Wednesday, April 30, 2014

WIP: Crystalline Socks


I have a WIP to share!

These are Crystalline Socks by Cailyn Meyer. I cast on New Year's Day, according to Ravelry. They hibernated for a while since I needed the needles for a secret gift project. Now that the secret project is done (stay tuned), these are back on the needles.

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I'm really excited about these socks. The stitch pattern is fun to knit - it holds my interest but isn't too complex, and I love watching it develop. It also feels like it goes very quickly. A great choice for variegated yarns, although I'm finding this yarn isn't as garishly variegated as I expected. The yarn is 75% wool / 25% nylon that I dyed using Wiltons icing colours a few years ago, so I'm glad I've finally found a project for it.

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Check out more WIPs at Tami's Blog.

Friday, April 18, 2014

Some knitting and some baking

I've started my 2nd sweater of 2014: Dragonflies, by Joji Locatelli. My goal is to knit two sweaters this year, and I'm optimistic I'll manage it given my progress so far.

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It's going well so far. The lace is more complicated than anything I've done recently, but I'm getting into a rhythm with it, so all is good. I still have to focus entirely on the charts, but I think it will get easier as I go.

Other than knitting, I've been baking. The other day I made pita / pitta for the first time, and it was so awesome.

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Delicious, and surprisingly easy. Will make again. I used a recipe from How to Bake by Paul Hollywood. The pockets are magical. Or maybe it's just yeast that is magical. In any case. Eating fresh, warm pitta with store-bought hummus just made the hummus seem sad, so next time maybe I'll make the hummus as well. (I used to make hummus frequently, but laziness has taken over these days.)

Monday, April 07, 2014

First FO of 2014: Wethersfield Cardigan

My Wethersfield cardigan is my first FO of 2014!

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Pattern: Wethersfield by Cecily Glowik MacDonald

Yarn: Cascade Eco+ in the Pacific colourway.

Mods: Knitted the body way longer than called for, used twisted rib instead of regular 1x1 rib for the hem and collar since I prefer how it looks.

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Notes: Love it.

The pattern was a Ravelry-gift in a holiday pattern swap, and I wanted to start knitting straight away. Even though it is in reasonably thick yarn, the knitting still took a long time, though. My project page claims I started it January 13th and I didn't finish it until April 1st. I just need to accept that sweaters always take me a long time, even when I work on them almost exclusively. (In this case, I did have a few other projects going to distract me, so I certainly was not working on it exclusively. Never mind.)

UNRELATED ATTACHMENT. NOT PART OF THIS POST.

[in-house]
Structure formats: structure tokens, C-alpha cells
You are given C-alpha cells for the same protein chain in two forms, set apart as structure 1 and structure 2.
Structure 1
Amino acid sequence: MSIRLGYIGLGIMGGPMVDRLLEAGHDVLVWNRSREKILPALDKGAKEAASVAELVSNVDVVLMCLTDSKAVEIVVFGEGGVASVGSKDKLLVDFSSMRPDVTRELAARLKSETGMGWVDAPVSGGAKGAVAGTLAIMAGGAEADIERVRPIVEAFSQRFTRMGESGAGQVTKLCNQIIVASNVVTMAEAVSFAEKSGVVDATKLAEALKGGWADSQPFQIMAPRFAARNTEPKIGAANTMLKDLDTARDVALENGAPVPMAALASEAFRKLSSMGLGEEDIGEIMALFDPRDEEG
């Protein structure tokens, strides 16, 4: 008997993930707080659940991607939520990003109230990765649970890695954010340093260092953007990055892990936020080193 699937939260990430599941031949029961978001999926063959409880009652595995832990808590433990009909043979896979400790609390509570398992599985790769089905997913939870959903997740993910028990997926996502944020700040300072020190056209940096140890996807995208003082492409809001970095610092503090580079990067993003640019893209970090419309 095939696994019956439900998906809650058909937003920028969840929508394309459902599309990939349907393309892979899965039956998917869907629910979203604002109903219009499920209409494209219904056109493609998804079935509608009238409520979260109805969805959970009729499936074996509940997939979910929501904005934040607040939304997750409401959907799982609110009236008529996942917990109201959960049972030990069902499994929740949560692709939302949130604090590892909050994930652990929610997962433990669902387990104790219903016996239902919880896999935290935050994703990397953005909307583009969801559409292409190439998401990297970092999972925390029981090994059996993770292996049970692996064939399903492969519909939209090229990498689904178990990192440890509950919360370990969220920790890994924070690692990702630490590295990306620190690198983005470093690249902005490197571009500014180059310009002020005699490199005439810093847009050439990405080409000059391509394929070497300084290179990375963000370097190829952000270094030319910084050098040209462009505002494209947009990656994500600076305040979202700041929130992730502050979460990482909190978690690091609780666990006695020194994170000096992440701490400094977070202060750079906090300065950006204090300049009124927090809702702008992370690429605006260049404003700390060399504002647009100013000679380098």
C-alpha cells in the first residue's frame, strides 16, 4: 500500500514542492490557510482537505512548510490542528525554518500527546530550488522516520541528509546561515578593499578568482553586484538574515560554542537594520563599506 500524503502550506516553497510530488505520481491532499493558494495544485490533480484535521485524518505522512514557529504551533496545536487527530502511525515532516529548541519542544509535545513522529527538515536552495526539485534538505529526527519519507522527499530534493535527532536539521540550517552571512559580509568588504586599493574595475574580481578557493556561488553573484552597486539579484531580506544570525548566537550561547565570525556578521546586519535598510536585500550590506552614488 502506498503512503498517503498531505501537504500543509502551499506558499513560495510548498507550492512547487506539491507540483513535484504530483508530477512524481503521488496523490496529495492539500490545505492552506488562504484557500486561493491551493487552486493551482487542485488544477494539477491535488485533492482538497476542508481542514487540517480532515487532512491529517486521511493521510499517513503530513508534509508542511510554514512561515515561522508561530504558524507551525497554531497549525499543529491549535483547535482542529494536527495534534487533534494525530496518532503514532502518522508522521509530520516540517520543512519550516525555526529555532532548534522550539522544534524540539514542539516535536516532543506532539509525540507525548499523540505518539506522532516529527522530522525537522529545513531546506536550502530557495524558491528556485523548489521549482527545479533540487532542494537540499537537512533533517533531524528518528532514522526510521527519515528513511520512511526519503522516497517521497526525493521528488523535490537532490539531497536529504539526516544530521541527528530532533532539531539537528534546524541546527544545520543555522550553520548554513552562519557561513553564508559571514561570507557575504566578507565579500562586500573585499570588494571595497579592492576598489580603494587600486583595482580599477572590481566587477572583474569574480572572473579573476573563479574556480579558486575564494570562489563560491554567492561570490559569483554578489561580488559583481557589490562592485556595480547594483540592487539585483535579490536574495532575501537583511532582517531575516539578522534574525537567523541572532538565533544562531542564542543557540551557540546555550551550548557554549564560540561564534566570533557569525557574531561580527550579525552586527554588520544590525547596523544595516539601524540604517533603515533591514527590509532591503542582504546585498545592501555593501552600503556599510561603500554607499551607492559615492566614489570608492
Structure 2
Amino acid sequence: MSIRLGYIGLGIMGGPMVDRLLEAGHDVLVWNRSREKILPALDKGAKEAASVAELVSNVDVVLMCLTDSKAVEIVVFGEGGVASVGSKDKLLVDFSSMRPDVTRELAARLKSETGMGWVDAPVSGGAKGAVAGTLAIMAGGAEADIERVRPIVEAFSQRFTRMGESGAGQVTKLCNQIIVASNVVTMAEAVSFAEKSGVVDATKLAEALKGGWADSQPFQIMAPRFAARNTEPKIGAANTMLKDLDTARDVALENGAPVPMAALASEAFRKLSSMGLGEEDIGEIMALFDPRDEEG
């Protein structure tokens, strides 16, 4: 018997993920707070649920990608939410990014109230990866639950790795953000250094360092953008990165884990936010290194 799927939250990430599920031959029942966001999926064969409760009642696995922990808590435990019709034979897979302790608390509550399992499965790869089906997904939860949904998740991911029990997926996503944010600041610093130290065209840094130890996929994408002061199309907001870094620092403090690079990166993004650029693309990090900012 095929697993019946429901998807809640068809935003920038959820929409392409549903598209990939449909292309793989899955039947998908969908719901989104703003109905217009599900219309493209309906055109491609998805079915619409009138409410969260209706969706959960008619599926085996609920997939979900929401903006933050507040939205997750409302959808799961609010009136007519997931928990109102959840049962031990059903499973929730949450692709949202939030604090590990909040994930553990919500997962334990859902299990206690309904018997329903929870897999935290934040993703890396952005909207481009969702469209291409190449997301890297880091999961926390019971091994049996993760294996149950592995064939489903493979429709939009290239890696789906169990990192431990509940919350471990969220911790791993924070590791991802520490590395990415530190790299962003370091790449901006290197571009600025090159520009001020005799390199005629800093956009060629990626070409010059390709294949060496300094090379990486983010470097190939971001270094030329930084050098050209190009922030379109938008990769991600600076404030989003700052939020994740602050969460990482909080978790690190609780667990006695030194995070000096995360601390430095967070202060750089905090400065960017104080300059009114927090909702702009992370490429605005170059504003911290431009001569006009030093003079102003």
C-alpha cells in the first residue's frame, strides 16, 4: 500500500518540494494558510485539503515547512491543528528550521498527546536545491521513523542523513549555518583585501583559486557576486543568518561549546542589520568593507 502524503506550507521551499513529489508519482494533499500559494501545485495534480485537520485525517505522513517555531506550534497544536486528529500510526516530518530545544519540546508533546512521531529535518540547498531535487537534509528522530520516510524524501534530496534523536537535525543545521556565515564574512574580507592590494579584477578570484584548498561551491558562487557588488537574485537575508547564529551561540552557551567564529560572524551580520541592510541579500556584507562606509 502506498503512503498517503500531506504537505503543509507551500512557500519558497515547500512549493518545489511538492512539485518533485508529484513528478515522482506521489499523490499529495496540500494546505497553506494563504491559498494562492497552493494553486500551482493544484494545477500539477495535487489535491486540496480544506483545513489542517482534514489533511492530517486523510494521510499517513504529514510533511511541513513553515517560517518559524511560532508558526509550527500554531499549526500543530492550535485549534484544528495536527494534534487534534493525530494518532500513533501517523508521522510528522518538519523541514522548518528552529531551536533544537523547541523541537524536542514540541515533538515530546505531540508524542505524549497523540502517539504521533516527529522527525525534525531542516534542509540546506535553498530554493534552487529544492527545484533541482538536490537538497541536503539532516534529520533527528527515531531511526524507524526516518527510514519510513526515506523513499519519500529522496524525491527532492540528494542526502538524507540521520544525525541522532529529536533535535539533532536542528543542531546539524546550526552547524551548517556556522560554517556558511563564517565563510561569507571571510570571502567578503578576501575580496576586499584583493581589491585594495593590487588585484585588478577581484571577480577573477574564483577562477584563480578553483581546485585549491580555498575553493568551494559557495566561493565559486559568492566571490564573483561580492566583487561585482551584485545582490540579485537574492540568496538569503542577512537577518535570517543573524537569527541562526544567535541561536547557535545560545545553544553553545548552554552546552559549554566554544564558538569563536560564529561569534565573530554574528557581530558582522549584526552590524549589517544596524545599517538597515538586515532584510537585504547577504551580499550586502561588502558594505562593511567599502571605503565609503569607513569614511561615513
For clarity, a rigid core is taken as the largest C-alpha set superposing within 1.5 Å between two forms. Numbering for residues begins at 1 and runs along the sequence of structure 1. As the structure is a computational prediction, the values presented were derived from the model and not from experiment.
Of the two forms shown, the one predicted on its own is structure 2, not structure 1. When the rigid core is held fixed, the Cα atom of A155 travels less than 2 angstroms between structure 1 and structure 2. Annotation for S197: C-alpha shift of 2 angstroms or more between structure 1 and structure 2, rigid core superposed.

I'm not used to open-fronted cardigans, and it's actually more open in the front than I was expecting - i.e. I can't really pull it closed at all. But I like it. I've been wearing it almost constantly since it dried. This sweater is very cozy and has been perfect for the particularly grim weather we have been having. Chilly and damp with thick fog - though it seems to be lifting now.

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The cable on the back was lots of fun to knit. The only complaint I have about the pattern is that the cable chart is blurry. I haven't seen anyone else mentioning this on Ravelry, so maybe it's just me and my ancient computer? Some sort of resolution mismatch? In any case, it's blurry on screen and it printed out blurry, so it is difficult to read. I'm familiar enough with standard cable charts at this point that I could figure it out - plus the cables were easy to memorize, so it all worked out fine. I also think it's a bit odd that the pattern abbreviations use one style of abbreviation for the various kinds of cable twist, but the chart uses different abbreviations. I imagine this comes from whatever software was used to make the charts... but it's still a bit strange to see. Anyway, that is stupidly nitpicky and didn't affect my ability to follow the pattern, since I didn't really look at the written instructions for the cables and stuck to the charts. Still, I imagine it might be confusing to a beginner who is just learning how to follow charts. I know when I was learning charts I often referred to the written directions to make sure I understood what I was doing.

This was my first time knitting seamless set-in sleeves from the top down. The body of the sweater is done bottom-up, but then the sleeves are done top-down with short-rows. It is magical! I will do this kind of sleeve again, for sure. I'm really interested in trying some different seamless sleeve cap techniques in the future, since I'm not a huge fan of seaming (big surprise), but sleeve-cap type sleeves seem to fit me quite well.